When Flora arrives to help Ava, she finds her bleeding on the pavement, and Flora is launched back into her memories of finding Lucy. Now, after finding not one, but two bodies, Flora sets herself out to find the murderer, no matter the cost.
Kylie Schachte has written a gripping thriller! An intense story with a flawed main character, You’re Next is bound to be your next favourite read.
At Bayview High, everyone has
secrets. Thanks to Simon Kelleher, runner of the school’s notorious gossip app,
About That, those secrets are displayed for everyone to see. In one week, Simon
is planning his juiciest reveal yet, but unfortunately, the plan is
interrupted. The day before the reveal, five students enter detention–Bronwyn
(the brain), Cooper (the athlete), Addy (the beauty), Nate (the criminal), and
Simon himself. Only four of them make it out alive, the same four students
whose deepest secrets were scheduled to be released the next day. But Simon is
dead, and the four are now the prime suspects in his murder.
Everyone has secrets, but who
would go this far to prevent them from getting out?
This book is perfect for fans of The Breakfast Club, Riverdale, Pretty Little Liars, and Love, Simon, since it feels like a crossover between all of them. This book is fast-paced, exciting, and the plot twists will continue to shock you and keep you guessing. It also has a bit of everything, from drama to mystery to coming of age, friendship and romance. I’d recommend this book to people who enjoy teen dramas, people looking to get into mysteries, or anyone who may have gotten bored of reading and needs something that moves along quickly to keep them interested. I’d also recommend listening to the audiobook if you like that format because it’s read by a full cast! I’d rate this book 4 out of 5 stars and suggest reading the sequel, One of Us is Next, or Karen McManus’ other book Two Can Keep A Secret if you want more.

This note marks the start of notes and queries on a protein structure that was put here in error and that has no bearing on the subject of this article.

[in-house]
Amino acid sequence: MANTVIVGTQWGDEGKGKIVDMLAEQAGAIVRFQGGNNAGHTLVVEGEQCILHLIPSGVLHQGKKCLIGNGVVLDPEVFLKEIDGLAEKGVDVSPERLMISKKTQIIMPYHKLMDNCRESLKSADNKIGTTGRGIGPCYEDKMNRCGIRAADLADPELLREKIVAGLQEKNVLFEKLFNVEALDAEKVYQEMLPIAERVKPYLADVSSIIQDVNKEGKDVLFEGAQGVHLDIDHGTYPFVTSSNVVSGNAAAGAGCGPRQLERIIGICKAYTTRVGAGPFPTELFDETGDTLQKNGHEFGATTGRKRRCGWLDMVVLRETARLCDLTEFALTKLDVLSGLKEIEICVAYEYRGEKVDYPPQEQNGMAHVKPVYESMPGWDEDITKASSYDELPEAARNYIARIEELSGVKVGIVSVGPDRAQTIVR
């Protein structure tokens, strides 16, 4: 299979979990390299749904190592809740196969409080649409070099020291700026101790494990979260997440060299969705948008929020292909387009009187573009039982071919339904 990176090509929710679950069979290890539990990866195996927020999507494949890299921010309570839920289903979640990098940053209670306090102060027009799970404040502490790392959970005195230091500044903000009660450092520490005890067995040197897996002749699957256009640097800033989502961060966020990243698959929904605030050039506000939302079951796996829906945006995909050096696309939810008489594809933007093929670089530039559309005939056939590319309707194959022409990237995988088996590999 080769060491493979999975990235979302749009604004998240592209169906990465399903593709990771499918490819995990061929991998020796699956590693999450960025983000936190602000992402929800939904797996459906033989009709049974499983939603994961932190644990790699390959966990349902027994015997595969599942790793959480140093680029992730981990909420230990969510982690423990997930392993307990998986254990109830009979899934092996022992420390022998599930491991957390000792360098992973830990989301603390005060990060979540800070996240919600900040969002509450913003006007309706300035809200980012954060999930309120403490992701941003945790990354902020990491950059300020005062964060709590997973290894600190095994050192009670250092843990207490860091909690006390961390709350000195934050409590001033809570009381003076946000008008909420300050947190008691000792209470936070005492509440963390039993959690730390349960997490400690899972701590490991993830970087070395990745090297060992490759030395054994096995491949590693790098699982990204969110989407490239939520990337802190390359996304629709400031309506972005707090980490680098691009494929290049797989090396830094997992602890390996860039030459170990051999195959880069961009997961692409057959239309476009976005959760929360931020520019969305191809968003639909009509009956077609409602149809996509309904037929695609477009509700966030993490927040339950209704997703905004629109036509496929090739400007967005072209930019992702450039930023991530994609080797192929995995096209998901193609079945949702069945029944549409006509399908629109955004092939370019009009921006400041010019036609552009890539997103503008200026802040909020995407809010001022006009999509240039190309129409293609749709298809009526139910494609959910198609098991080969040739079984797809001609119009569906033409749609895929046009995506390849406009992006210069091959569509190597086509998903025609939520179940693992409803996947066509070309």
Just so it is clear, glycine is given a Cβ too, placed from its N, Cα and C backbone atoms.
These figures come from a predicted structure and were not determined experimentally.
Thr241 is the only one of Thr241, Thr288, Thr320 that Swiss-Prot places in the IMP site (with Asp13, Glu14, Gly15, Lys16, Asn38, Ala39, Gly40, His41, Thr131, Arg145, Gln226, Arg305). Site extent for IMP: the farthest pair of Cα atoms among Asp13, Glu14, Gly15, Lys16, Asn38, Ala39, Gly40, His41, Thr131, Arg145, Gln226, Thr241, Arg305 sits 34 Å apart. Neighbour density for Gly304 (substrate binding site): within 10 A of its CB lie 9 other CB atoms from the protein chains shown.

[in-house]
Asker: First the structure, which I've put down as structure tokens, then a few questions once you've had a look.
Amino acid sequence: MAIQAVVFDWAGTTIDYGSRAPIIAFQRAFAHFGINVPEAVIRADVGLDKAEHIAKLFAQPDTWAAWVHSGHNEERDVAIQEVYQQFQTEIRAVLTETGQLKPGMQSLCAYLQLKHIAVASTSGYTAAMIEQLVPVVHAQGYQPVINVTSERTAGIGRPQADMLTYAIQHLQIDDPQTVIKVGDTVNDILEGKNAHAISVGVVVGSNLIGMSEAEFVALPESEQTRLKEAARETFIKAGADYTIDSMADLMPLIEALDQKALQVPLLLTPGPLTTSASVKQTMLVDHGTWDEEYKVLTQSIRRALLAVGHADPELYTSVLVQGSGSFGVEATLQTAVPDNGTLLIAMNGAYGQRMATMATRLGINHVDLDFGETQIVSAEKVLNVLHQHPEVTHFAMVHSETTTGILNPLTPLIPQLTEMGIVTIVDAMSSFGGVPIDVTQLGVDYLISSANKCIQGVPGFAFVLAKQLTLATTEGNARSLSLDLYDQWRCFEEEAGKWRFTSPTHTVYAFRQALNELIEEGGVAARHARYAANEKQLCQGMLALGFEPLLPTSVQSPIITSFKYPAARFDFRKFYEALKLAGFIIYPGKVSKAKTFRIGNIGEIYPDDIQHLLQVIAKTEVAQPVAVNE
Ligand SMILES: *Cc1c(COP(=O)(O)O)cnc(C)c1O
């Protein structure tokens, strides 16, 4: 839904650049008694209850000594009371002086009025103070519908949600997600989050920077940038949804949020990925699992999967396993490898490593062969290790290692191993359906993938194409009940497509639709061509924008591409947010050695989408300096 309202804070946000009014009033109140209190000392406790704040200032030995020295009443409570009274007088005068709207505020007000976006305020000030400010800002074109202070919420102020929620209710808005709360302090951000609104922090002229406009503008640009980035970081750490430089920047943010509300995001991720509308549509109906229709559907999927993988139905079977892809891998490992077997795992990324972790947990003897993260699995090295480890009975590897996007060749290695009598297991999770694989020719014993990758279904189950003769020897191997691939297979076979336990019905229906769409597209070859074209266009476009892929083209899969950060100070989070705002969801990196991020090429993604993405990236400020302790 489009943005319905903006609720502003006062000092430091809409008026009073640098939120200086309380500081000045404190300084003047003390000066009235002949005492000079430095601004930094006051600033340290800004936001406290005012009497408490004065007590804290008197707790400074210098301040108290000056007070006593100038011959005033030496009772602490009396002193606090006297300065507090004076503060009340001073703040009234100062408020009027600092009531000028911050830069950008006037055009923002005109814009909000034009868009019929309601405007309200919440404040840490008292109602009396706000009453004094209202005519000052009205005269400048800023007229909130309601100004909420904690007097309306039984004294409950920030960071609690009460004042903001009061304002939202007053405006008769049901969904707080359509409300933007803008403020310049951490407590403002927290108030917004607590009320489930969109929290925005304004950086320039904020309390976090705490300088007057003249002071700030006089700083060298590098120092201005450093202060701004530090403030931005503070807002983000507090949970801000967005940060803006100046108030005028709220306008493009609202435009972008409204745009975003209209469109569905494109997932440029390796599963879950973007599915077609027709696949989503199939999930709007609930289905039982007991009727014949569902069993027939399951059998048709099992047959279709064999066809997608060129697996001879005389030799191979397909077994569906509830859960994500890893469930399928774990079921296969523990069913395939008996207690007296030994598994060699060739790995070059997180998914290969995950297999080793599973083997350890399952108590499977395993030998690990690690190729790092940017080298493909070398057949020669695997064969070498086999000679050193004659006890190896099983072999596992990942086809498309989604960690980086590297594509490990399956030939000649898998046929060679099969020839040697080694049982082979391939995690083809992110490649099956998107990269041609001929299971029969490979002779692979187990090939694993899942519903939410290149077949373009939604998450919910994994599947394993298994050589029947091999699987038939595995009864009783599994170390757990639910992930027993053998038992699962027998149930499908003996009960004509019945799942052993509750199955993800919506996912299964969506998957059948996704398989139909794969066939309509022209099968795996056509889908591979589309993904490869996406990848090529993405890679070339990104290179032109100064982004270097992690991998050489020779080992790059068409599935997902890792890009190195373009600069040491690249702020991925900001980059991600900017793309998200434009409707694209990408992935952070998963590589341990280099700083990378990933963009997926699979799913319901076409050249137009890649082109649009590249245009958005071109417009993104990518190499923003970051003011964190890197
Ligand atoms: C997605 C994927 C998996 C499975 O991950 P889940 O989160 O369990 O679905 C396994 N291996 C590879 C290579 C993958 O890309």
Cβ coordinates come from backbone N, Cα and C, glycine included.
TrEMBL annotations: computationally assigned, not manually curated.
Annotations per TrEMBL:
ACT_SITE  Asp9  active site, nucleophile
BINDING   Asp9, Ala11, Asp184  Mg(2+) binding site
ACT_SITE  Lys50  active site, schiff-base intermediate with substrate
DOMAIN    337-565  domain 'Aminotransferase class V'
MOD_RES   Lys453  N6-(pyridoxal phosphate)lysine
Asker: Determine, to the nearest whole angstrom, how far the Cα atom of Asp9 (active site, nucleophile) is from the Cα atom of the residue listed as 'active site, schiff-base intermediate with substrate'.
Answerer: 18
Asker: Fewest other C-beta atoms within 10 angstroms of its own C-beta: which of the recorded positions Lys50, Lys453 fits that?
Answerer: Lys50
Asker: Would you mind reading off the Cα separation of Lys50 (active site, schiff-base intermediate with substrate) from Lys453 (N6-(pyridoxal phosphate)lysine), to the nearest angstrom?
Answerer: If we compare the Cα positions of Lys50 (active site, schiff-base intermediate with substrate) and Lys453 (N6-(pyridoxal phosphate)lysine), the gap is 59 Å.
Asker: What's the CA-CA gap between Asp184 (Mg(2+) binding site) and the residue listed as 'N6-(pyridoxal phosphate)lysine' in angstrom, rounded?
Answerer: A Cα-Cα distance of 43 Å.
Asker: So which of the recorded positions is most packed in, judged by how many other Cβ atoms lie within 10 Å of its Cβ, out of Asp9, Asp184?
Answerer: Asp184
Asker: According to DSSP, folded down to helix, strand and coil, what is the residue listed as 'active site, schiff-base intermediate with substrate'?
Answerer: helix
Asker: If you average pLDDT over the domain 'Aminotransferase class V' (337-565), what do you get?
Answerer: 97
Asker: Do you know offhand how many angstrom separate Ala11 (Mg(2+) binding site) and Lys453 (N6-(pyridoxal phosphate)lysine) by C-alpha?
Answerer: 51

In the novel Camp X by
Eric Walters, 11-year-old George and his older brother, Jack, move to Whitby,
Ontario, in the year of 1943. One day, as they were playing around and having a
good time, they stumble across a military spy base, known as Camp X. Their
curiosity levels grew as they kept exploring the place, but soon enough they
were caught and were forced to sign the Offical Secret Act, which states how
they are forbidden to tell anyone about the secret military base, if told, the
punishment is death. Since then, the boys learn much more about the camp and
are assigned to different tasks. One day, the boys were delivering newspapers,
when all of a sudden, they were caught by German soldiers. They were tortured and
humiliated, but they gain a lot of information about the germans and learn
their evil plot against the camp. They risk their own lives of escaping and
warning Camp X about the German’s evil plan. In the end, they were proud of
their work and success.
Overall, this book was entertaining and interesting. This book relates to WW2 and the events that took place during the war. It gives the reader an important lesson on how preparation is key when facing any type of situation. The book contains a perfect amount of humour, mystery, tragedy and suspense, to help the reader show more interest in it and enjoy the whole story. I would definitely recommend this action-packed novel to all ages.